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Final Class Presentation: Zipcar Strategy
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Final Class Presentation: Zipcar Strategy

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For Stanford University Economics course on Corporate Strategy

For Stanford University Economics course on Corporate Strategy

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  • 1. -- power behind growth in an uncertain marketcaroline stokesecon 101 - corporate strategy - final presentationdecember 2, 2009
  • 2. today’s itinerary • background: car sharing & zipcar • the story behind zipcar’s remarkable growth – product power – branding • deeper sources of power – economies of scale – network economies – counter-positioning? process power? • 3 s’s • the road ahead
  • 3. what is car sharing? car rentals car ownership • minimum daily rate • expensive • paperwork, inconvenient • wherever, whenever you want car sharing • hourly rental rates • convenient self-service locations throughout region
  • 4. what is zipcar? walk-up self-service hourly car rentals for members
  • 5. history of zipcar • 1940s - european car shares begin • 1999 - 1st u.s. player (portland car share) launches • 2000 - zipcar launches 10 locations in boston • 2006 - toronto & london • 2007 - merger with flexcar • today: – 325,000 members – 6,500 vehicles – 28 states and provinces – over 50 cities • sampling: – 100s of cars in san francisco – 1000s of cars in nyc & new jersey
  • 6. growth drivers • product power – tremendous membership growth: nearly 200% per year – lag time • branding – media hype, customer trust • compelling value + recognition = inertia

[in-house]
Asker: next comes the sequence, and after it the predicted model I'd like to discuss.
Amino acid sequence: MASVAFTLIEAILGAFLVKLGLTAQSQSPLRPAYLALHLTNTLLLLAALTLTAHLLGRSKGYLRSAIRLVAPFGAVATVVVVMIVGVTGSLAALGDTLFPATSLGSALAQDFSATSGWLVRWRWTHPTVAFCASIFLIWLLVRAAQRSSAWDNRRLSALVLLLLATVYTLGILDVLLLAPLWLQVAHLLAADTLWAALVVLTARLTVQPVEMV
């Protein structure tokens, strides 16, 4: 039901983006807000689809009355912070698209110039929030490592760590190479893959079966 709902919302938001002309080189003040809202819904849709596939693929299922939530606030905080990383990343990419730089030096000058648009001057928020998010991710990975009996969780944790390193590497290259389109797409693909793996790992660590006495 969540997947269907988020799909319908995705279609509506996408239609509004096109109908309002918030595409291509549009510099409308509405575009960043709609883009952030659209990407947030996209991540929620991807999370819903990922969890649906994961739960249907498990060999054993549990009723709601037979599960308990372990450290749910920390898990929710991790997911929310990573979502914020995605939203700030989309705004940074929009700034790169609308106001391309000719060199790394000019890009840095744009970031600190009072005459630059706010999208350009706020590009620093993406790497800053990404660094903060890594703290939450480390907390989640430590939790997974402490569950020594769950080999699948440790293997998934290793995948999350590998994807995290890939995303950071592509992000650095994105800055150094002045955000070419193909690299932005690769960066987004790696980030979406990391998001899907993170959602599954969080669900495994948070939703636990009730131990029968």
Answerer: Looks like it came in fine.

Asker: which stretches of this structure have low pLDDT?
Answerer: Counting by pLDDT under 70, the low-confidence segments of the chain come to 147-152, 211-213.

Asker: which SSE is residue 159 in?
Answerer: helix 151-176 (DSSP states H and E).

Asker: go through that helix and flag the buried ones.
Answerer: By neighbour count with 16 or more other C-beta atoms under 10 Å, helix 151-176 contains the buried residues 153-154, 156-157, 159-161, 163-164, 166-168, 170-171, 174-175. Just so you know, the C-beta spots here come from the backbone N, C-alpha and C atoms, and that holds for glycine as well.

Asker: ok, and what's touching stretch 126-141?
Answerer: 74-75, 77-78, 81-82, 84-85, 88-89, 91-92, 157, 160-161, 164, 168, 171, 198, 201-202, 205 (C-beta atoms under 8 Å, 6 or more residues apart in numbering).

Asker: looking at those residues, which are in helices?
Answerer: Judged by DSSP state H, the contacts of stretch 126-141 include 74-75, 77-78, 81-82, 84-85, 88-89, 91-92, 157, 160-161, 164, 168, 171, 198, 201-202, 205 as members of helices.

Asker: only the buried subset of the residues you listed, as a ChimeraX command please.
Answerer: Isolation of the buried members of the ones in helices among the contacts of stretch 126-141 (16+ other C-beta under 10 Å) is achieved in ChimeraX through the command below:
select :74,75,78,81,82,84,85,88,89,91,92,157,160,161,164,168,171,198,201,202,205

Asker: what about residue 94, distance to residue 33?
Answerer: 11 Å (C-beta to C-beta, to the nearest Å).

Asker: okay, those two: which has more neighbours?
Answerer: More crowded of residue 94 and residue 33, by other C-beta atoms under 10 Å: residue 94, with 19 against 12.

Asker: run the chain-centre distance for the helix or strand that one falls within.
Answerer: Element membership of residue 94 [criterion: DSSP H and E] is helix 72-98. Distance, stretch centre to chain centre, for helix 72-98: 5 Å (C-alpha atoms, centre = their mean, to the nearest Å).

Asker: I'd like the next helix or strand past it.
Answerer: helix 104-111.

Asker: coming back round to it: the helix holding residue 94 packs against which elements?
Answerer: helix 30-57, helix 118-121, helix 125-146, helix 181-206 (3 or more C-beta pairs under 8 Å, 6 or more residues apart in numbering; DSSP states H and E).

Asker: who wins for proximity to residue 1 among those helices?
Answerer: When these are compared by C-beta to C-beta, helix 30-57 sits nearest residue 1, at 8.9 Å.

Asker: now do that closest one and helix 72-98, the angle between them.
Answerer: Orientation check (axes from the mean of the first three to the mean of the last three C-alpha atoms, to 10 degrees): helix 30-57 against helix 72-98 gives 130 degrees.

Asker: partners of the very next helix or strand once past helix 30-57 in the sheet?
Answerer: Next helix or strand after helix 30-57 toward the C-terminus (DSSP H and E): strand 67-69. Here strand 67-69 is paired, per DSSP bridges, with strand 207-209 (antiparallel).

• 7. more than just a service…
  • 8. growth drivers • product power – tremendous membership growth: nearly 200% per year • branding – media hype, customer trust • compelling value + recognition = inertia
  • 9. position power “you need to get enough cars in • economies of scale enough neighborhoods to – IT costs compete and make it appealing for people” – purchasing economies of scale -scott griffith, ceo, zipcar • network economies – comparison: cell phone network coverage – value from proximity – membership model: buying a service zipcar locations vs subway stops in boston
  • 10. network economies X
  • 11. position power “you need to get enough cars in • economies of scale enough neighborhoods to – IT costs compete and make it appealing for people” – purchasing economies of scale -scott griffith, ceo, zipcar • network economies – comparison: cell phone network coverage – value from proximity – membership model: buying a service zipcar locations vs subway stops in boston
  • 12. possible power sources • counter-positioning? – non-profit players • process power? – toyota’s kaizen efficiency process: • “back in 2004 or so we started looking at toyota’s lean manufacturing techniques — what they call their kaizan process, which is continuous improvement. you empower all employees to call meetings and address process problems. we’re one of the first companies to use that in a service model. we’ve now got kaizan- trained employees in many parts of the company who are managing everything from how we manage parking tickets to how do we handle accident claims” - scott griffith, ceo, zipcar
  • 13. the 3 s’s • superiority – product power, branding, economies of scale, network economies – size matters • significance – estimated $1billion industry in 10 years – rapid member base growth • currently 325,000 members • adding 10,000 members each month • market estimated at 2 million Americans • sustainability – last funding round in ‘06 suggests cash positive – network economies are difficult to replicate in face of uncertainty – will customer demand shift?
  • 14. the road ahead • differential returns – seem to be cash positive while growing – revenue ~ $370/yr/customer • future challenges – maintaining lead • incumbent car rental companies – external factors • gas prices • eco-conscious movement • alternative transportation models? – initial public offering?
  • 15. questions?